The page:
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ACS Cent Sci. 2016 Feb 24;2(2):99-108. doi: 10.1021/acscentsci.5b00331. Epub 2016 Jan 20.

Metabologenomics: Correlation of Microbial Gene Clusters with Metabolites Drives Discovery of a Nonribosomal Peptide with an Unusual Amino Acid Monomer.

Author information

1
Departments of Chemistry, Molecular Biosciences, and the Feinberg School of Medicine, Northwestern University , Evanston, Illinois 60208, United States.
2
Department of Microbiology and the Carl R. Woese Institute of Genomic Biology, University of Illinois at Urbana-Champaign , Urbana, Illinois 61801, United States.
3
Integrated Molecular Structure Education and Research Center, Weinberg College of Arts and Sciences, Northwestern University , Evanston, Illinois 60208, United States.

Abstract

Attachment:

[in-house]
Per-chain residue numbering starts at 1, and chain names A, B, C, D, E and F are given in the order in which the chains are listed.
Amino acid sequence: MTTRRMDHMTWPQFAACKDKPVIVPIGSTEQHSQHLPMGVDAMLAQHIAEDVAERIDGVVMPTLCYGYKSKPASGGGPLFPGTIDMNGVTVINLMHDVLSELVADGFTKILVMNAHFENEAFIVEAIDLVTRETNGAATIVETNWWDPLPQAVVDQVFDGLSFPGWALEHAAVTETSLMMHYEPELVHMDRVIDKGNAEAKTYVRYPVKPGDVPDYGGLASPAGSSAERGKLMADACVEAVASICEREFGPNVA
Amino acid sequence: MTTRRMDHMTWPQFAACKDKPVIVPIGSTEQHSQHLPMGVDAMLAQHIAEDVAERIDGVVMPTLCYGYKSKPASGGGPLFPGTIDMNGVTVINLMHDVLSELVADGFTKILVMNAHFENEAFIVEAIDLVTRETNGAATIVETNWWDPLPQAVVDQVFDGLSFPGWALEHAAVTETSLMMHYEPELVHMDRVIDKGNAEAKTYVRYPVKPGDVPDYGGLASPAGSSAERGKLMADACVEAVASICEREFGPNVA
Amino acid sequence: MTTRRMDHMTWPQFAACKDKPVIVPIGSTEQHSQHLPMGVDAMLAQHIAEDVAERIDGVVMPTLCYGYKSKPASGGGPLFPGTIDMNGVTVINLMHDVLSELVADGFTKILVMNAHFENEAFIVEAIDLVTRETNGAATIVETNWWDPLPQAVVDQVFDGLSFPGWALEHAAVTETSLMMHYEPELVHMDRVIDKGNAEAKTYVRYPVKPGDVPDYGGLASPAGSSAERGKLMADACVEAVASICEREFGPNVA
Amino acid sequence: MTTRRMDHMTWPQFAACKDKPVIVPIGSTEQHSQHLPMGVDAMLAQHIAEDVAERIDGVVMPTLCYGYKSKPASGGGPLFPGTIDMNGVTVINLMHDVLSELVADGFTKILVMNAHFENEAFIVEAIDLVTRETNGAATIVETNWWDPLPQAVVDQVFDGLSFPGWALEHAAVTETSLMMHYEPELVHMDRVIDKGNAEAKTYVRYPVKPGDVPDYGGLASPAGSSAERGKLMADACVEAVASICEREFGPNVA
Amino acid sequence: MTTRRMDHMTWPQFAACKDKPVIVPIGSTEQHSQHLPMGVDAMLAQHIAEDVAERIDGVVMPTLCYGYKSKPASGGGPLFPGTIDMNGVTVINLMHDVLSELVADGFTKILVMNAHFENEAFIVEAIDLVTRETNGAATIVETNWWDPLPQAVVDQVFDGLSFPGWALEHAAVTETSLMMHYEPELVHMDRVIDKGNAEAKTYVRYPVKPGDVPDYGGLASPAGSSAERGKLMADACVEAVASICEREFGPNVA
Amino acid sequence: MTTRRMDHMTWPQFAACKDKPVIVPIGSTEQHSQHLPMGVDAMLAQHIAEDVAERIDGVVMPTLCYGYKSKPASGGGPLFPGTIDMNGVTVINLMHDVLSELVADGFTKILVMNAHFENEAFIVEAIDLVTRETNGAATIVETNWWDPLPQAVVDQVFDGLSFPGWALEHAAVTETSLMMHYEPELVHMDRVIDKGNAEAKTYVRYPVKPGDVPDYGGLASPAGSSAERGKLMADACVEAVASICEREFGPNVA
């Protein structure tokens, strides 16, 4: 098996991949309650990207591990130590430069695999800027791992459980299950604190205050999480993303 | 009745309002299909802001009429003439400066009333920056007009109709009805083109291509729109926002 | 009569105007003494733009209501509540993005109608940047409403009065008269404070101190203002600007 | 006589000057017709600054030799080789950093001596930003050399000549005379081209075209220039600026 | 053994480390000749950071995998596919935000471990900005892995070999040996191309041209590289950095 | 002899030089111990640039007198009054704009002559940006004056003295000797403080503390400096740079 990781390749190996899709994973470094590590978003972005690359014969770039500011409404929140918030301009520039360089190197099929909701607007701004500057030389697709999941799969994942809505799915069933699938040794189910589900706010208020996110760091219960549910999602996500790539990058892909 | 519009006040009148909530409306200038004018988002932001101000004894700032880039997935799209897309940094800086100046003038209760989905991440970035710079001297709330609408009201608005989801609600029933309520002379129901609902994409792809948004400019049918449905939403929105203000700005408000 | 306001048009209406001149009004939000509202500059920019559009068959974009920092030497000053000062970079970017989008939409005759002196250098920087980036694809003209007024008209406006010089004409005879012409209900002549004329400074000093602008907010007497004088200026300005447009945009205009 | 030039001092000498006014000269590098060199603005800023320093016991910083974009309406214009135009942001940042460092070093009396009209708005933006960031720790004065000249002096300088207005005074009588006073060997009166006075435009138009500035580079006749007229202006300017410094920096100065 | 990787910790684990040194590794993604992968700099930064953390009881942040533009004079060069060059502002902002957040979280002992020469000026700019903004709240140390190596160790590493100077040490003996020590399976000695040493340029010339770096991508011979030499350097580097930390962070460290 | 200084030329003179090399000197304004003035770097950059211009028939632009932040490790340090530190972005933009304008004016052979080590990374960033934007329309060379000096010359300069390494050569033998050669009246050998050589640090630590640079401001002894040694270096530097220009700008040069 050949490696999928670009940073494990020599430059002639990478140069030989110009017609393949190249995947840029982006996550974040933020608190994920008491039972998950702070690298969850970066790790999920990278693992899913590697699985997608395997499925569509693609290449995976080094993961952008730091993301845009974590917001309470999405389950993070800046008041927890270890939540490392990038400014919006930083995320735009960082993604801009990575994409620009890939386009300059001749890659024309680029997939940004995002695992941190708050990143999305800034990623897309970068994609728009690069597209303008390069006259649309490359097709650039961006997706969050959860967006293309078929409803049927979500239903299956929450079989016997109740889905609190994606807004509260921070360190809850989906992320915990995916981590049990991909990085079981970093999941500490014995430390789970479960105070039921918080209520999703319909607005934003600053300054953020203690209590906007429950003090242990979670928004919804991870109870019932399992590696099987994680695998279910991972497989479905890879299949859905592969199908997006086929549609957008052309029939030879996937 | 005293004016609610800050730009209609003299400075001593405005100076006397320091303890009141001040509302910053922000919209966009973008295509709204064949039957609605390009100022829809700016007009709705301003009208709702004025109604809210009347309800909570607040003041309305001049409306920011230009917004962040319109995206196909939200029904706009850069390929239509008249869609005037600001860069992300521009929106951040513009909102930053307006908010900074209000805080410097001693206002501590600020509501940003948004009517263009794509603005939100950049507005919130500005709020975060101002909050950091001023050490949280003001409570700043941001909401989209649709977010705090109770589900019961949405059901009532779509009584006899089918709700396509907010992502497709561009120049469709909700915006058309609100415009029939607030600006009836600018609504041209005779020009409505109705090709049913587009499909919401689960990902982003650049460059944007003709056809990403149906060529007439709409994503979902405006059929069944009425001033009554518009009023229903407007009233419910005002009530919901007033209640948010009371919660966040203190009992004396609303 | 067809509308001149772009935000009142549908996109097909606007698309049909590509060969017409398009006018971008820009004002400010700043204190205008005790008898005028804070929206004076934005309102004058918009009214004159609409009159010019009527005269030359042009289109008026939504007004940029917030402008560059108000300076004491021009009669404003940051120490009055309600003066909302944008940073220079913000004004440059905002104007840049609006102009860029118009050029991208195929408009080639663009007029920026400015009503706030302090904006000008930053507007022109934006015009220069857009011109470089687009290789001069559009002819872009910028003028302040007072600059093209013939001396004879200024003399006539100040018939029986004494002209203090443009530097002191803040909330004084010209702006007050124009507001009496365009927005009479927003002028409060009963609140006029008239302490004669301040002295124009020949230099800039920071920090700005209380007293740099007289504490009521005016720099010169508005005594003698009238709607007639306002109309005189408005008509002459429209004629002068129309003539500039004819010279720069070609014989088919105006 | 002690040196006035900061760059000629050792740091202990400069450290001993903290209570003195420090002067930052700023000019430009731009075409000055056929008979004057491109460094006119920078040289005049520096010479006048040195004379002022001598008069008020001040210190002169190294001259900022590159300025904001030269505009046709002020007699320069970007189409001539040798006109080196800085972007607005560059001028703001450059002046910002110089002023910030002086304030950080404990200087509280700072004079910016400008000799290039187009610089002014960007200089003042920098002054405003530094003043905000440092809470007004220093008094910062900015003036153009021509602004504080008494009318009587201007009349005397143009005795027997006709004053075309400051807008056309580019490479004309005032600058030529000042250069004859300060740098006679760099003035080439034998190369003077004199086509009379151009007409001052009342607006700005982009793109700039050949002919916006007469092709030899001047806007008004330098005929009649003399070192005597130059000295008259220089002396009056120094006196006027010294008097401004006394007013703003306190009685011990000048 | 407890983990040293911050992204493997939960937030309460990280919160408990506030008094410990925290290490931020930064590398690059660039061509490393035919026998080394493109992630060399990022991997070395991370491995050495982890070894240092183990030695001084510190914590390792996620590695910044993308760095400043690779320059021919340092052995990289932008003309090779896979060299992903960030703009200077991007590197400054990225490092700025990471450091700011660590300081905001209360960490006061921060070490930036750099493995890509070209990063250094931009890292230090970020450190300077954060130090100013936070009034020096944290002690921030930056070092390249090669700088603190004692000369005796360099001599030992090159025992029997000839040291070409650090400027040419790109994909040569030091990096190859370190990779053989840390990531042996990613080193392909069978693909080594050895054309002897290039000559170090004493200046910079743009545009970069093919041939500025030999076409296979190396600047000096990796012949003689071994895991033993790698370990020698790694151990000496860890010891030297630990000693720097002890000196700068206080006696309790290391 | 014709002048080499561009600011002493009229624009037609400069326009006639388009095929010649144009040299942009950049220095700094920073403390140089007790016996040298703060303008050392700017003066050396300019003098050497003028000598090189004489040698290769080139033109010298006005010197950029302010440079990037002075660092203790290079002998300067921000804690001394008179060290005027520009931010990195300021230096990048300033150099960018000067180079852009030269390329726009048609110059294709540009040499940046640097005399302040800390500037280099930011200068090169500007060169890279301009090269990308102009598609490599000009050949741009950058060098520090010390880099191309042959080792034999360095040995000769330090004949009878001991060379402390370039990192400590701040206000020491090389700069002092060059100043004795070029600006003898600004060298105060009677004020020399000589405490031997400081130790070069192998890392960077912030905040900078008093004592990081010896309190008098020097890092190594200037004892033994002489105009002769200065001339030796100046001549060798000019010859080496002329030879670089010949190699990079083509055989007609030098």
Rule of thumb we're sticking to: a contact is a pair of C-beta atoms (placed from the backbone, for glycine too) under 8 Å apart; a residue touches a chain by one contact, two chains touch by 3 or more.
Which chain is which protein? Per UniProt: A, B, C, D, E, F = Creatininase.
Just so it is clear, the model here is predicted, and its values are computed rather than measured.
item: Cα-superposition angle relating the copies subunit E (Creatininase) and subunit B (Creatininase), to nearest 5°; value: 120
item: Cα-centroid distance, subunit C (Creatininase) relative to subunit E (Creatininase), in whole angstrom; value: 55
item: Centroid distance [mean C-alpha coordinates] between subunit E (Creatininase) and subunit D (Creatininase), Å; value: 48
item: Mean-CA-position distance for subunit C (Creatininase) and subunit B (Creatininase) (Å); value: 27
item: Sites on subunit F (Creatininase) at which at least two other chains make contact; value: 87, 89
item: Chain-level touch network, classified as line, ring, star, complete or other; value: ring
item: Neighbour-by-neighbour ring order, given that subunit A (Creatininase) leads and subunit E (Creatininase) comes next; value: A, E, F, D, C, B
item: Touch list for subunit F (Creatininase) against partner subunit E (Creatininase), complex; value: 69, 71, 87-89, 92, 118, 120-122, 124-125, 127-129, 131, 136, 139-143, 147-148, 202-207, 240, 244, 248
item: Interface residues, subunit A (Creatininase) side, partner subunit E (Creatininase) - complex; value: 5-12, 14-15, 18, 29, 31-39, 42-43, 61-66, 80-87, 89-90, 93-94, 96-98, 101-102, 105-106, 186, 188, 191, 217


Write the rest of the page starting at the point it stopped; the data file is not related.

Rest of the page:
For more than half a century the pharmaceutical industry has sifted through natural products produced by microbes, uncovering new scaffolds and fashioning them into a broad range of vital drugs. We sought a strategy to reinvigorate the discovery of natural products with distinctive structures using bacterial genome sequencing combined with metabolomics. By correlating genetic content from 178 actinomycete genomes with mass spectrometry-enabled analyses of their exported metabolomes, we paired new secondary metabolites with their biosynthetic gene clusters. We report the use of this new approach to isolate and characterize tambromycin, a new chlorinated natural product, composed of several nonstandard amino acid monomeric units, including a unique pyrrolidine-containing amino acid we name tambroline. Tambromycin shows antiproliferative activity against cancerous human B- and T-cell lines. The discovery of tambromycin via large-scale correlation of gene clusters with metabolites (a.k.a. metabologenomics) illuminates a path for structure-based discovery of natural products at a sharply increased rate.

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